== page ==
That is my experience from looking at the data as well.

Thus the dependence ratio doesn't seem to be too much affected in projections even of the most demographically declining countries - and thus dependents' costs unless old people are much more costly to society than children,

Yes and no. Most projections do show an increase in dependence ratios, albeit a modest one.

[That old people are more expensive than children] is indeed probable.

I wouldn't know about that. I'd have to pull out some consolidated public sector budgets to be sure, but for Denmark I'm pretty sure that they cost the same, or close enough as makes no matter.

One could offer a counterargument to
it makes no difference to future taxpayers what this generation does with retirement age

that any changes in retirement age necessarily unfold over a long period (you can't make someone planning to retire next year, retire in 5 years time and any cuts in pensions should be rolled out over many years so as to not influence life plans and expectations too much).

One could make that argument, but one would have to make the case that the funding problems are going to show up faster than the possible rate of adjustment. Which just isn't the case for any of the major [1] EU member states except Germany. And Germany starts out with large current account and trade surpluses against the rest of the Union, and mercantilist inflation rates; they could print the money to fund their retirement obligations without corresponding tax increases and still be a net exporter and on the low end of Eurozone inflation rates.

Generally as per the "slash pensions argument": aren't, pretty much linear, projections of current trends to 50 years' time some sort of quackery?

Yes, that would be rank quackery. Fortunately, population projections aren't simply linear projections. All reasonably literate societies have very good fertility statistics, and societies with (near-)universal health care have uniformly excellent fertility statistics. We know how many children people have, we know when they have them, we know what the age and gender distribution is today and we know how many people immigrate and emigrate.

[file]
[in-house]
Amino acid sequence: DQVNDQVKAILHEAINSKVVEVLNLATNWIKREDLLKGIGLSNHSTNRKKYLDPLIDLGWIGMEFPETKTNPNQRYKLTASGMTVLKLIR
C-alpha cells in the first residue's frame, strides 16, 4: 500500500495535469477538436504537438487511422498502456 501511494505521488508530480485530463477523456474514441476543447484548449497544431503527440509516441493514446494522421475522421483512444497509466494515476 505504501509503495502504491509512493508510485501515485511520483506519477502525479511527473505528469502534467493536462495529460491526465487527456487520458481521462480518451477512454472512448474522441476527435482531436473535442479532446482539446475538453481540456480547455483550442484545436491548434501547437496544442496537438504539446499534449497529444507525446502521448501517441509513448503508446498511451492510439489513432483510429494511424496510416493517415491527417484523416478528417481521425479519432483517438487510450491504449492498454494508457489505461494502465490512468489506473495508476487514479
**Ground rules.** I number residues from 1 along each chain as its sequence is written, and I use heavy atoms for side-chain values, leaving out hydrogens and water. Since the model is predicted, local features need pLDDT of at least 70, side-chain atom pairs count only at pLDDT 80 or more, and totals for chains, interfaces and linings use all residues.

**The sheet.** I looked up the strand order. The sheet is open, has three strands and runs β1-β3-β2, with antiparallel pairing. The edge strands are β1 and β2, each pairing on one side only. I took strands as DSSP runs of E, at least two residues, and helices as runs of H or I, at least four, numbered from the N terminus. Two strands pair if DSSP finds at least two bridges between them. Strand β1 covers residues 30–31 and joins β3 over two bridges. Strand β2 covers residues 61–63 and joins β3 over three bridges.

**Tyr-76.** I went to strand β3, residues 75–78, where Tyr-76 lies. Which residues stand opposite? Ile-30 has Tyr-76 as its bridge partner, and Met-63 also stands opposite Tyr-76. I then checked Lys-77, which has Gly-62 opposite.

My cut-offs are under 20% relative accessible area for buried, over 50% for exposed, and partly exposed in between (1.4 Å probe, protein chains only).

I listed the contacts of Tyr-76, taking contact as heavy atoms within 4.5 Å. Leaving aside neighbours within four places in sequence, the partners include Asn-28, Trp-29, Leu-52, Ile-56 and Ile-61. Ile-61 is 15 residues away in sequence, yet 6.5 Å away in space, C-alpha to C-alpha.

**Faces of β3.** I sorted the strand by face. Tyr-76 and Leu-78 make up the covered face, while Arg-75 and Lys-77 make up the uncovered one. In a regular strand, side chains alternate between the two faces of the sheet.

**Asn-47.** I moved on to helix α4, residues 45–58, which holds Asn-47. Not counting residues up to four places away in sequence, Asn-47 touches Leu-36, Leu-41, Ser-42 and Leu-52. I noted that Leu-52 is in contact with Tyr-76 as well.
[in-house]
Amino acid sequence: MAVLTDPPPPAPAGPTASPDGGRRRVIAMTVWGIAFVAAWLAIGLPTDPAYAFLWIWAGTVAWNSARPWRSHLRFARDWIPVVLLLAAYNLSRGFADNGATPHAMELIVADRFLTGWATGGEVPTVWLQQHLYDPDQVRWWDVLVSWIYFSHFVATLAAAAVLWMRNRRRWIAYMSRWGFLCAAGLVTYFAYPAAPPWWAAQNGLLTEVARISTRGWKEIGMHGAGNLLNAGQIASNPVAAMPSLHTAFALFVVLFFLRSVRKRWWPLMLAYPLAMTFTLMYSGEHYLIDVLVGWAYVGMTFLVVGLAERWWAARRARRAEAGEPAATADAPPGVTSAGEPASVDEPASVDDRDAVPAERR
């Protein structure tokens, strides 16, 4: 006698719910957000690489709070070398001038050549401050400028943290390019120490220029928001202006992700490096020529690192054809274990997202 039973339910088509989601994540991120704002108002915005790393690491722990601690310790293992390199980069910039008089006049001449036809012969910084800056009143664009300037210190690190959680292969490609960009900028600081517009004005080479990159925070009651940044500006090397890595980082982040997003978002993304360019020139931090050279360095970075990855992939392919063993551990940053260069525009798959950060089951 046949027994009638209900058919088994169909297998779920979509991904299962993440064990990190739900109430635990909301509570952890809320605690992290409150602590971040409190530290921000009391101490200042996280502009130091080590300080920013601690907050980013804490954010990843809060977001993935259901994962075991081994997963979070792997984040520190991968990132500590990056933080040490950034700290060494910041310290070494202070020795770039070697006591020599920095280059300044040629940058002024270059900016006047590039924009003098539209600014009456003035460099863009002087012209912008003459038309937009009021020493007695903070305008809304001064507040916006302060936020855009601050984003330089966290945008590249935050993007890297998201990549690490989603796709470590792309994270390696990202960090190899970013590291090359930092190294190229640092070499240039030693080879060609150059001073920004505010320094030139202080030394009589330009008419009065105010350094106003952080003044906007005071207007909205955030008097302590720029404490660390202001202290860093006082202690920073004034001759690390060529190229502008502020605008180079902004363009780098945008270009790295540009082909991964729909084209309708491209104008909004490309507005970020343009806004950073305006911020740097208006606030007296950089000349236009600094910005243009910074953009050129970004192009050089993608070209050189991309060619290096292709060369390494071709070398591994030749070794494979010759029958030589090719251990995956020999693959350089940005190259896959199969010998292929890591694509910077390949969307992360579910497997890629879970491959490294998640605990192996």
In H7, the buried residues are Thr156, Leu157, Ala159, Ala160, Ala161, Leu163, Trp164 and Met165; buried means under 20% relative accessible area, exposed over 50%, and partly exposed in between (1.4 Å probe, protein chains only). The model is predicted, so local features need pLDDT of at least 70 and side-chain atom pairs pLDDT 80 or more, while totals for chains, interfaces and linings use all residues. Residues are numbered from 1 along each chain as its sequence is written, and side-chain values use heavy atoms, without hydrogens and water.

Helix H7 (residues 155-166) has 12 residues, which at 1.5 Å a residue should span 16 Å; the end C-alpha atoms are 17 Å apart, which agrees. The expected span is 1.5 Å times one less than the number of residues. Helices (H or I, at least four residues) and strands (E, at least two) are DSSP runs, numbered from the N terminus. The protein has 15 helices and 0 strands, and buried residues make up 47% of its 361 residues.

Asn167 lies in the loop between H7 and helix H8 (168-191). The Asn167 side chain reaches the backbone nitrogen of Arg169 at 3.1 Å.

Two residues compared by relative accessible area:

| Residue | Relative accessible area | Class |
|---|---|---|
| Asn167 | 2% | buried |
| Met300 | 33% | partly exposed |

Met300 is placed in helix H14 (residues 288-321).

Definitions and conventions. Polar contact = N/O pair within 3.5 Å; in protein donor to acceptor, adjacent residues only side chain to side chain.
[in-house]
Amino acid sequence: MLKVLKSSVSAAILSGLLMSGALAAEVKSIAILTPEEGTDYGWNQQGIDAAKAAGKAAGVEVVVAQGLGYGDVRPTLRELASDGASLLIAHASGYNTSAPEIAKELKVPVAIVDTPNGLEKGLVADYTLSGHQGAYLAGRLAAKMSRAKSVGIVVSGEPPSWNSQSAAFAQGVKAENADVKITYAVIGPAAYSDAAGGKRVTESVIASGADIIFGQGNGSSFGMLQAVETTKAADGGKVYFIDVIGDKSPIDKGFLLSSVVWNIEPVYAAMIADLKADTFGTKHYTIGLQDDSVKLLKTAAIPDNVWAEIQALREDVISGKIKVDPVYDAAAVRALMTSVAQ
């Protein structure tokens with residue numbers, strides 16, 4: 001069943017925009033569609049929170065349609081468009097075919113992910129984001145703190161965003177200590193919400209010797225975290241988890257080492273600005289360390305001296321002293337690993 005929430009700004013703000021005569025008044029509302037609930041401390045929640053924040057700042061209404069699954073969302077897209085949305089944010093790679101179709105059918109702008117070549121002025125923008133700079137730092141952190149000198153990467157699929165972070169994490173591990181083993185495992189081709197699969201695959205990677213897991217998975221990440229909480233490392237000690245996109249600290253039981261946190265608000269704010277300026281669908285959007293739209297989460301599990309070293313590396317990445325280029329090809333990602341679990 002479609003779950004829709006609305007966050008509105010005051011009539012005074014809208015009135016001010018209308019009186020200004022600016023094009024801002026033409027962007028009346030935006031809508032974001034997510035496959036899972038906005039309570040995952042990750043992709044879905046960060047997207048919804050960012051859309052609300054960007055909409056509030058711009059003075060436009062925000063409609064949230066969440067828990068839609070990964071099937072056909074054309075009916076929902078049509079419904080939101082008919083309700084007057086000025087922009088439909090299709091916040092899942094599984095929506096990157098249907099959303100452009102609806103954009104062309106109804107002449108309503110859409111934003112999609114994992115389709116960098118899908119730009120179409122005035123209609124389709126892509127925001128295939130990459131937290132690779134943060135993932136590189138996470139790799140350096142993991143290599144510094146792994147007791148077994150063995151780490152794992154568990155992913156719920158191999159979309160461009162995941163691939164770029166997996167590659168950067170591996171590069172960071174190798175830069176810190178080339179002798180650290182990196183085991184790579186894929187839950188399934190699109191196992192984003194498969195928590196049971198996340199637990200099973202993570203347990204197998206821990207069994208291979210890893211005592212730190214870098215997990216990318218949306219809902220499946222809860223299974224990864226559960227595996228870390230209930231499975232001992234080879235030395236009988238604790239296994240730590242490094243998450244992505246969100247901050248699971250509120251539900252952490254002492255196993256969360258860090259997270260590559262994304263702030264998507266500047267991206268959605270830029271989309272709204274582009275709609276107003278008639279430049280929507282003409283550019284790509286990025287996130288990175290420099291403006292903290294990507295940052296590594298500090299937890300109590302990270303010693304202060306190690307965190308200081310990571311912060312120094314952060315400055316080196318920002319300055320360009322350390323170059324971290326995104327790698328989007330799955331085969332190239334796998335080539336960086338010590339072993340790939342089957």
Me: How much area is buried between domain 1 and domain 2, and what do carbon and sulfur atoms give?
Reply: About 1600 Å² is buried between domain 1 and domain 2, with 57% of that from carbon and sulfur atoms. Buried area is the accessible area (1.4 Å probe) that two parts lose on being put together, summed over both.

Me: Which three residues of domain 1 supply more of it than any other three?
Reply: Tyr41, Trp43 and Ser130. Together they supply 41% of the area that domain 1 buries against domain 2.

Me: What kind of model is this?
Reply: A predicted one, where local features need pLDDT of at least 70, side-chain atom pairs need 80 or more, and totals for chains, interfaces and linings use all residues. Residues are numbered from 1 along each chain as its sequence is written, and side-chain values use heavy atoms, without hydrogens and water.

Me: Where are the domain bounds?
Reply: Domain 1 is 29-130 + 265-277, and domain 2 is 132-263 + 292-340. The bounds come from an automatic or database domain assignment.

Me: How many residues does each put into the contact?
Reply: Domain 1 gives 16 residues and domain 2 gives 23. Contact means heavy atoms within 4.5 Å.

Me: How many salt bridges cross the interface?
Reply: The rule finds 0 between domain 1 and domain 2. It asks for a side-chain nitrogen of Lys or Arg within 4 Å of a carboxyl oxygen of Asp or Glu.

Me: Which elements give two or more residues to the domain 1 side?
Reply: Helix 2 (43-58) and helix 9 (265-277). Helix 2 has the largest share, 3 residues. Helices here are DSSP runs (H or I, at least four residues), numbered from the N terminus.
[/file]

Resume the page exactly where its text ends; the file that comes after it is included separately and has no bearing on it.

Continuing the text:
Of course you have to make assumptions about how those figures are or are not going to change over the course of your projection. But the assumptions that underpin the population projections of European states are usually not wholly unreasonable.

Especially in a time of unfolding multiple global crises and geopolitical shifts? How is it even rational to project that far into the future any current trend and to implement policy now

The usual justification is that if we have a shock that's big enough to force us to discard our projections, things will be so fucked up that we can't plan for it anyway. So we make plans based on things not going catastrophically wrong - no serious wars, no exceedingly deadly pandemics, no agricultural collapse, etc., because it's silly to get caught with your pants down just because the sky didn't fall.

Your mileage may vary on whether that's sufficient reason or not. That's a political decision that reasonable people can disagree about.

- Jake

[1] Minor EU member states are not worth doing 20-year macroeconomic projections for - their economic well-being is more dependent on what the major EU members do than on any policy of their own. (This should not be construed as an excuse to be negligent in policy planning - just as a statement on the inherent uncertainty of long-term planning for states that are not even halfway sovereign.)

Friends come and go. Enemies accumulate.

by JakeS (JangoSierra 'at' gmail 'dot' com) on Thu Oct 21st, 2010 at 08:32:25 AM EST